This article was written by Monique D. Jewett-Brewster of Hopkins & Carley in San Jose, California (email@example.com), Immediate Past Co-Chair of the Insolvency Law Committee, and Stephen D. Finestone of the Law Office of Stephen D. Finestone in San Francisco, California (firstname.lastname@example.org), member of the Insolvency Law Committee.
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Brutzkus Gubner Rozansky Seror Weber LLP
Asa S. Hami
SulmeyerKupetz, A Professional Corporation
Macdonald Fernandez LLP
The following article is the fourth in a series of profiles of Ninth Circuit bankruptcy judges. Judge Meredith Jury and members of the Insolvency Law Committee met in her chambers and discussed her personal and professional background, observations from the bench, and issues of interest.
Judge Jury is a United States Bankruptcy Judge in the Central District of California, with chambers in the City of Riverside. She was first appointed to the bench in November 1997, and reappointed in 2011. She also serves as the Chief Judge of the Ninth Circuit Bankruptcy Appellate Panel (BAP), having been appointed to that Court in 2007 and reappointed in 2014.
Judge Jury received her undergraduate degree in English, with minors in History and Journalism, from the University of Colorado. After experimenting with teaching, she obtained a law degree from UCLA in 1976. Following law school, she accepted a job as the first female associate at Best, Best & Krieger, LLP, a Riverside-based firm, where she became a well-respected litigator handling complex litigation cases. She subsequently became the firm’s first female partner and happily practiced at the firm for over twenty years.
Due to her strong reputation as a litigator, Judge Jury was asked to apply for a newly-created position of United States District Court Judge in Riverside. While she did not get that assignment, by the time the position of United States Bankruptcy Judge in Riverside became available a short time later, Judge Jury was intrigued. She applied for and was selected for the position.
The transition from private practice to the bench was easy for Judge Jury. She says, “I knew what I liked and didn’t like about how courtrooms were run. I still call my calendar the way Judge Naugle did.” One thing the judge misses about private practice is having clients. “I had some great clients, mainly small businesses. I miss my relationships with these clients.”
Judge Jury talks of her “day job and night job,” serving as a bankruptcy judge and as a BAP judge. As she describes it, “my day job is to write novels, and my night job is to review novels….The standard of review is everything on appeal. I didn’t think of that as a trial judge.”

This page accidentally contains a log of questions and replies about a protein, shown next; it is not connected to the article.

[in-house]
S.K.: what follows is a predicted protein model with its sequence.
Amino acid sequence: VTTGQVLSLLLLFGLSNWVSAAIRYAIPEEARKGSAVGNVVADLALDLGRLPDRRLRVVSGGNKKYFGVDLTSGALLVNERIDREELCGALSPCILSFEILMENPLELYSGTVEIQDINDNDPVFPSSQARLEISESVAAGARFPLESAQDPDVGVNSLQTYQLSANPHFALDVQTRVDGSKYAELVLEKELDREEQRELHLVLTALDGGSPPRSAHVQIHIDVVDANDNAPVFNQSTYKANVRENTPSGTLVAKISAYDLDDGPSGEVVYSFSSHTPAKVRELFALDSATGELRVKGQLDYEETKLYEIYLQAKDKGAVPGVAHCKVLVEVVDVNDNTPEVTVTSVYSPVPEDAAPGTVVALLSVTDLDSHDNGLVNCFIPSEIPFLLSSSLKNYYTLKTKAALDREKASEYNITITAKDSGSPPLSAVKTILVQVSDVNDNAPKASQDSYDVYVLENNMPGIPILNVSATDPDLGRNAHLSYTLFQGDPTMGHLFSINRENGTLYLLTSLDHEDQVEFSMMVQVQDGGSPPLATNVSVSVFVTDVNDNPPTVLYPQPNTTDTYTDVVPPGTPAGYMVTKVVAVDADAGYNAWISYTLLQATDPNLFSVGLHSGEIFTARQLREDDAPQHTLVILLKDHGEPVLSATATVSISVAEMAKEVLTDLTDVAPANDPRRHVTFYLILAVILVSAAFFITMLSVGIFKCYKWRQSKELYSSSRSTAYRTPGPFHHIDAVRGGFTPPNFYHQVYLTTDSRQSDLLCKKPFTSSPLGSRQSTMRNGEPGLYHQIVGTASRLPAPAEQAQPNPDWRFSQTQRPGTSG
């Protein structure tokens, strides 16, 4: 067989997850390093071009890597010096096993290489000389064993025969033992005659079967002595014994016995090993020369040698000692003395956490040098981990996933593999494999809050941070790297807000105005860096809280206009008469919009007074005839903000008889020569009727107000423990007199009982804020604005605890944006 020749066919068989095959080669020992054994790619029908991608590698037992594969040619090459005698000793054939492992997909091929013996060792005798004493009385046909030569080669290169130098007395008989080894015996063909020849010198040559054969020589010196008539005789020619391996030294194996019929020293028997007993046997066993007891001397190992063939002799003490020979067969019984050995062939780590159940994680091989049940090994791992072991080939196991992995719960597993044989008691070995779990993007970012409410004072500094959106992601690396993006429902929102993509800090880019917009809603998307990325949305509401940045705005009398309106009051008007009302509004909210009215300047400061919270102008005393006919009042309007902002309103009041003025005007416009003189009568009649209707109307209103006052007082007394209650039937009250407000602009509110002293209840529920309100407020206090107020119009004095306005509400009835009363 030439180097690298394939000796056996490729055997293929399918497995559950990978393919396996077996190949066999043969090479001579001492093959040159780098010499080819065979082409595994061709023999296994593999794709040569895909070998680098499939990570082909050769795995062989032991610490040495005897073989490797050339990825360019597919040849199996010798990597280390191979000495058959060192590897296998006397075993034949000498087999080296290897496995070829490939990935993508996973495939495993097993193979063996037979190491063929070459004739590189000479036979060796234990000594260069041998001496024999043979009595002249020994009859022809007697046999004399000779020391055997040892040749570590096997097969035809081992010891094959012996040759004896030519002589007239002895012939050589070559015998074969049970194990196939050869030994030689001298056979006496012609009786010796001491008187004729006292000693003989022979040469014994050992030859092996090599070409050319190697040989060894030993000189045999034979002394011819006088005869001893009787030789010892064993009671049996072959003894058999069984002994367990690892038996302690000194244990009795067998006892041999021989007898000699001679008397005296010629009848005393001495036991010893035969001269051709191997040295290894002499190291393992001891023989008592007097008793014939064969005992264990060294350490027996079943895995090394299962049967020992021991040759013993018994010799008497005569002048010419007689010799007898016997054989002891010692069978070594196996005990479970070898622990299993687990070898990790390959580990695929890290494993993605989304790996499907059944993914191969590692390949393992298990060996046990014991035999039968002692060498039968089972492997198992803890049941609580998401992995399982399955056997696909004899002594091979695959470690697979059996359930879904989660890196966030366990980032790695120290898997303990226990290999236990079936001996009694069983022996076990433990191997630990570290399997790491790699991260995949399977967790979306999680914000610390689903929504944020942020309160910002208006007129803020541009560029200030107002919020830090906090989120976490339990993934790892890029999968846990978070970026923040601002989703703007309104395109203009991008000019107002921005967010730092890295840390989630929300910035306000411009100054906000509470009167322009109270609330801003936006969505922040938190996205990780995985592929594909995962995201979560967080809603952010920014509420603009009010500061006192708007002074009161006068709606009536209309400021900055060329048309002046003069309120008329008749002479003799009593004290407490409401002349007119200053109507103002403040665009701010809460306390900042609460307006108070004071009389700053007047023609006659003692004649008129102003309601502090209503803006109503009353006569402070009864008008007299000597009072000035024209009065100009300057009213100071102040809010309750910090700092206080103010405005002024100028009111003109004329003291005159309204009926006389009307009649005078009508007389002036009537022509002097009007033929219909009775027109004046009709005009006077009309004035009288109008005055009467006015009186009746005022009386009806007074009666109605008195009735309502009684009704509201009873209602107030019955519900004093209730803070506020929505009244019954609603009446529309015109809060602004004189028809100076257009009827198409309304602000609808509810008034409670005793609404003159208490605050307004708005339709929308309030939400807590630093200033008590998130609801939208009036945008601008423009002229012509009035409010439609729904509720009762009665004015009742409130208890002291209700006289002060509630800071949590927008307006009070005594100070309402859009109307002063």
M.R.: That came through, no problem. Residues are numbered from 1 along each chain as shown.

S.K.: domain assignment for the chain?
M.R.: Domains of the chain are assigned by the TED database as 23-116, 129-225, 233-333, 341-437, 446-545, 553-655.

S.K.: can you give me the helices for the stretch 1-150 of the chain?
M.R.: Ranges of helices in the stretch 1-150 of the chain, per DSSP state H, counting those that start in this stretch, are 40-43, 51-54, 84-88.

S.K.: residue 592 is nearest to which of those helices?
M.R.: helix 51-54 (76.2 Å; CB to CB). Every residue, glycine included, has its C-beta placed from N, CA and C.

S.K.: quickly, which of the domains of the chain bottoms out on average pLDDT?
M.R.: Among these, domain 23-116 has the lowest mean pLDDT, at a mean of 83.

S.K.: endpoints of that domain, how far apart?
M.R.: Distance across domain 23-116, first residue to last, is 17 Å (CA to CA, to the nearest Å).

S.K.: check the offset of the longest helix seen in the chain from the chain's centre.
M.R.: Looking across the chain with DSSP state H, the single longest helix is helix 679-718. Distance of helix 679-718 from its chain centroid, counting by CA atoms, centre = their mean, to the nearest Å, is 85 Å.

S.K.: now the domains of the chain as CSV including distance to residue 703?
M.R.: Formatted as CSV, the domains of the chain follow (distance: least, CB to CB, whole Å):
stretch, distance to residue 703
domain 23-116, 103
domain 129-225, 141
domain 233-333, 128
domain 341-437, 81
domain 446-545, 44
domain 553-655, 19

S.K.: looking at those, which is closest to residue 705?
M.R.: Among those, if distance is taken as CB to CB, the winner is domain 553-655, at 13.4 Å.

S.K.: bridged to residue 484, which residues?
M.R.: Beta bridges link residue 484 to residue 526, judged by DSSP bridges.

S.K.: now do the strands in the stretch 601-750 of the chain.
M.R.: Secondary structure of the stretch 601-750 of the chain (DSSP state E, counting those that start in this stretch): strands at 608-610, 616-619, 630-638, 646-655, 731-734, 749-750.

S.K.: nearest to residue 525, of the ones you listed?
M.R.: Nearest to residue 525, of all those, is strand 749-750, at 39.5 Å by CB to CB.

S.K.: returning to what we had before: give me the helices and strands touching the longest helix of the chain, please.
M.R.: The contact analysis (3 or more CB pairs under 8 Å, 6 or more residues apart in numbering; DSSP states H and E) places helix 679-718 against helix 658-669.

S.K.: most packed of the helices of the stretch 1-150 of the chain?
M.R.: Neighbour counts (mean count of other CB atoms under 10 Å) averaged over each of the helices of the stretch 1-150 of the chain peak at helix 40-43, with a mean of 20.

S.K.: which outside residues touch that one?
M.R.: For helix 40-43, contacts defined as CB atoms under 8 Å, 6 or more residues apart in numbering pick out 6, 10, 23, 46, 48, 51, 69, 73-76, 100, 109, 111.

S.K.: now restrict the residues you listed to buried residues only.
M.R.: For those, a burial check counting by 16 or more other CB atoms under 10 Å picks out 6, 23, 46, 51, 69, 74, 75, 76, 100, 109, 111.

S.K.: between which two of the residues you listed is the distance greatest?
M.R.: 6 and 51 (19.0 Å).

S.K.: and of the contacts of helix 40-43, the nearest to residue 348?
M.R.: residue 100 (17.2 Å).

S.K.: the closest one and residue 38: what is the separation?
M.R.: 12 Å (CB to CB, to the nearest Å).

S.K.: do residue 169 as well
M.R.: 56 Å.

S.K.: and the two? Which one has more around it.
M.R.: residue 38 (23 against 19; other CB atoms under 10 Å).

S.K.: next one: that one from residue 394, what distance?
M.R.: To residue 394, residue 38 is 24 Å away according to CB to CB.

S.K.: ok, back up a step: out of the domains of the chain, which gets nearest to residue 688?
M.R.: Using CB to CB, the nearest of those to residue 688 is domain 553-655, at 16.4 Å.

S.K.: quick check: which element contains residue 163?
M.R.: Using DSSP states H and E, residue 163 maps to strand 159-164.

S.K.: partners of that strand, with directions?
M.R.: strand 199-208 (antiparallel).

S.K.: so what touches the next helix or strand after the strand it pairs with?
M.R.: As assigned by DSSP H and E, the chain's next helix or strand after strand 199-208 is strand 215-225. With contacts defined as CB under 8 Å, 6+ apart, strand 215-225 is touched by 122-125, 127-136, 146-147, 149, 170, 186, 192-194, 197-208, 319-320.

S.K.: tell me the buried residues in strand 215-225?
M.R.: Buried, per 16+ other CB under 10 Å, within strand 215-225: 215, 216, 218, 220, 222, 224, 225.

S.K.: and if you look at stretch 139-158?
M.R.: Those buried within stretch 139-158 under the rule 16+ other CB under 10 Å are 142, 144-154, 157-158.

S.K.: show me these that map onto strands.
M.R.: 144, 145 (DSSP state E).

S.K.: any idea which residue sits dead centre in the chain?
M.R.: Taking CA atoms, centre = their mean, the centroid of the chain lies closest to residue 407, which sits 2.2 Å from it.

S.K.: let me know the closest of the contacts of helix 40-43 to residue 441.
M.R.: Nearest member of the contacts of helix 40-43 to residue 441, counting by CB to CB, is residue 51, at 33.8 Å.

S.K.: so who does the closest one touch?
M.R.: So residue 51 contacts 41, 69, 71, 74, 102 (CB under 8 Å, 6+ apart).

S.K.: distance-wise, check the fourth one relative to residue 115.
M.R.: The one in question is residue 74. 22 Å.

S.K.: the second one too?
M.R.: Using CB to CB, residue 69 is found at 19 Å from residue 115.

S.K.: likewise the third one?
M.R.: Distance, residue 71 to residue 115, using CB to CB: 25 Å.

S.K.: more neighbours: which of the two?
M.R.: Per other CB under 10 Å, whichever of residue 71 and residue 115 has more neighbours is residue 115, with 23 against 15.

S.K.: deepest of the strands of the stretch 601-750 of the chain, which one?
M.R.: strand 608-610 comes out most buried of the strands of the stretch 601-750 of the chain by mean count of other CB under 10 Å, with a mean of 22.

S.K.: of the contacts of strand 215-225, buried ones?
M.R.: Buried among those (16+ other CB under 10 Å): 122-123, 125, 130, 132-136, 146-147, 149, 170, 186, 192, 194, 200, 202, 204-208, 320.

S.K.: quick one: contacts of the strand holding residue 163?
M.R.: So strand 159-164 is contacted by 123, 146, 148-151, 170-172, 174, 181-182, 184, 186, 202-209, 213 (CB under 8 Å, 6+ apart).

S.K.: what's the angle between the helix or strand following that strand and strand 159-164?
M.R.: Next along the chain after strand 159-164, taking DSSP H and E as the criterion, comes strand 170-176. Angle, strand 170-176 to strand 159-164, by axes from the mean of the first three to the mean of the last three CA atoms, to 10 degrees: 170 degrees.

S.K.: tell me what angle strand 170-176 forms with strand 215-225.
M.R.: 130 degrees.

For the BAP, the judge usually reads the bankruptcy court ruling first and moves backward from there. She reviews the record on appeal before she reviews the parties’ briefs. “We get the bench memos one week before oral arguments and independently review them before the oral arguments. The judges on the panel discuss the cases at dinner the night before. We like consensus, and feel better about a 3-0 decision. When there’s a dissent, it’s an intellectual exercise and usually a close call, and we want the Ninth Circuit to review the issue. It’s the same thing with a concurrence. It’s a way to get a position in front of the Ninth Circuit.” After the BAP decides the issue, if there is a further appeal, the Judge comments, “I have an intellectual curiosity as to what the Ninth Circuit will do, but it’s out of my hands.”
Judge Jury is keenly aware that the BAP writes for four audiences: (1) the parties, (2) other bankruptcy judges, (3) the Bar, and (4) the Ninth Circuit. “We try to make it as persuasive as possible.” She believes that, with very minor exceptions, judges on the Ninth Circuit understand and respect the value the BAP adds to the bankruptcy appellate process.
Although the judge believes that the BAP’s decisions are important, she agrees that “some bankruptcy judges do not believe they are bound by the BAP’s decisions. I don’t feel bound by BAP opinions. The BAP can’t be binding precedent because District Court decisions aren’t binding precedent. You can’t have one appellate court as precedent and not the other.” However, the judge also notes that most bankruptcy judges follow BAP opinions. In fact, she states that, “95% of the time I follow the BAP and cite the BAP. Most bankruptcy judges do.”
Though she notes that the majority of oral arguments do not affect the outcome of the BAP’s decisions, Judge Jury still believes they are important. Following oral arguments, BAP panels discuss each case and, a small percentage of the time, pre-oral argument positions change.
On the impact of Stern v. Marshall, the judge states that “it hasn’t changed my day job or night job. Almost all parties consent to final judgments being entered by the bankruptcy court, even in fraudulent transfer cases.” Judge Jury believes that district courts look at reports and recommendations from bankruptcy courts differently than appeals from bankruptcy courts, and that the district courts are likely to follow the bankruptcy court’s reports and recommendations.
Judge Jury enjoys her role as a bankruptcy judge, and as a member of the BAP. “I have the best job in the world. I get incredible stimulation from my job and learn something new every day.”